ABSTRACT

The introduction of multigene constructs into single cells is important for improving the performance of domestic animals, as well as understanding basic biological processes. In particular, multigene constructs allow the engineering and integration of multiple genes related to xenotransplantation into the porcine genome. The piggyBac (PB) transposon system allows multiple genes to be stably integrated into target genomes through a single transfection event. However, to our knowledge, no attempt to introduce multiple genes into a porcine genome has been made using this system. In this study, we simultaneously introduced seven transposons into a single porcine embryonic fibroblast (PEF). PEFs were transfected with seven transposons containing genes for five drug resistance proteins and two (red and green) fluorescent proteins, together with a PB transposase expression vector, pTrans (experimental group). The above seven transposons (without pTrans) were transfected concomitantly (control group). Selection of these transfected cells in the presence of multiple selection drugs resulted in the survival of several clones derived from the experimental group, but not from the control. PCR analysis demonstrated that approximately 90% (12/13 tested) of the surviving clones possessed all of the introduced transposons. Splinkerette PCR demonstrated that the transposons were inserted through the TTAA target sites of PB. Somatic cell nuclear transfer (SCNT) using a PEF clone with multigene constructs demonstrated successful production of cloned blastocysts expressing both red and green fluorescence. These results indicate the feasibility of this PB-mediated method for simultaneous transfer of multigene constructs into the porcine cell genome, which is useful for production of cloned transgenic pigs expressing multiple transgenes.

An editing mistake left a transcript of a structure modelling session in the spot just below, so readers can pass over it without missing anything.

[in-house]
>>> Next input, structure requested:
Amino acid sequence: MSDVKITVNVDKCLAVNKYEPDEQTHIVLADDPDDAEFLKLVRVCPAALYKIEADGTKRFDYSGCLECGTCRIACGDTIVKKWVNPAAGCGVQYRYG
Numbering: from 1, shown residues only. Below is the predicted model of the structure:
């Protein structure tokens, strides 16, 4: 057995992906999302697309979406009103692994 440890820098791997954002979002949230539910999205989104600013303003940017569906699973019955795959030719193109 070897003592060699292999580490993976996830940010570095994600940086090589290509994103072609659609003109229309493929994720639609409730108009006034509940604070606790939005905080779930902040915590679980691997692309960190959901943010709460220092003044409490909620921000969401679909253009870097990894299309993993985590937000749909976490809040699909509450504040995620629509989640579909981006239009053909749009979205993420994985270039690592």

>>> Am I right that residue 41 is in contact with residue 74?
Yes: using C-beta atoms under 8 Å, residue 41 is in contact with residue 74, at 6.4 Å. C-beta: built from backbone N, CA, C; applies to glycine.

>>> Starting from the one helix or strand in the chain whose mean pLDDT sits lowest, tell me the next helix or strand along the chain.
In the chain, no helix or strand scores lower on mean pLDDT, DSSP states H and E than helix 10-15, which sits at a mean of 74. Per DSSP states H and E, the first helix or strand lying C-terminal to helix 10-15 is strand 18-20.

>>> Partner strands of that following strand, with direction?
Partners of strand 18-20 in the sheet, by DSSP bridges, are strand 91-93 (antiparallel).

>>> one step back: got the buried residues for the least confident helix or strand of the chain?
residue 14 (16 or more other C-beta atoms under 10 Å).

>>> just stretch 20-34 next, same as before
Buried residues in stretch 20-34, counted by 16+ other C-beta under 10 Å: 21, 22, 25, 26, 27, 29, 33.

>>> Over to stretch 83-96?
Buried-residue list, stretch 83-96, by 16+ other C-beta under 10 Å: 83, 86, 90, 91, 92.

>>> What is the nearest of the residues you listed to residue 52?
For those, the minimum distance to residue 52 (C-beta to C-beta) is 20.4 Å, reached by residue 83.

No MeSH data available.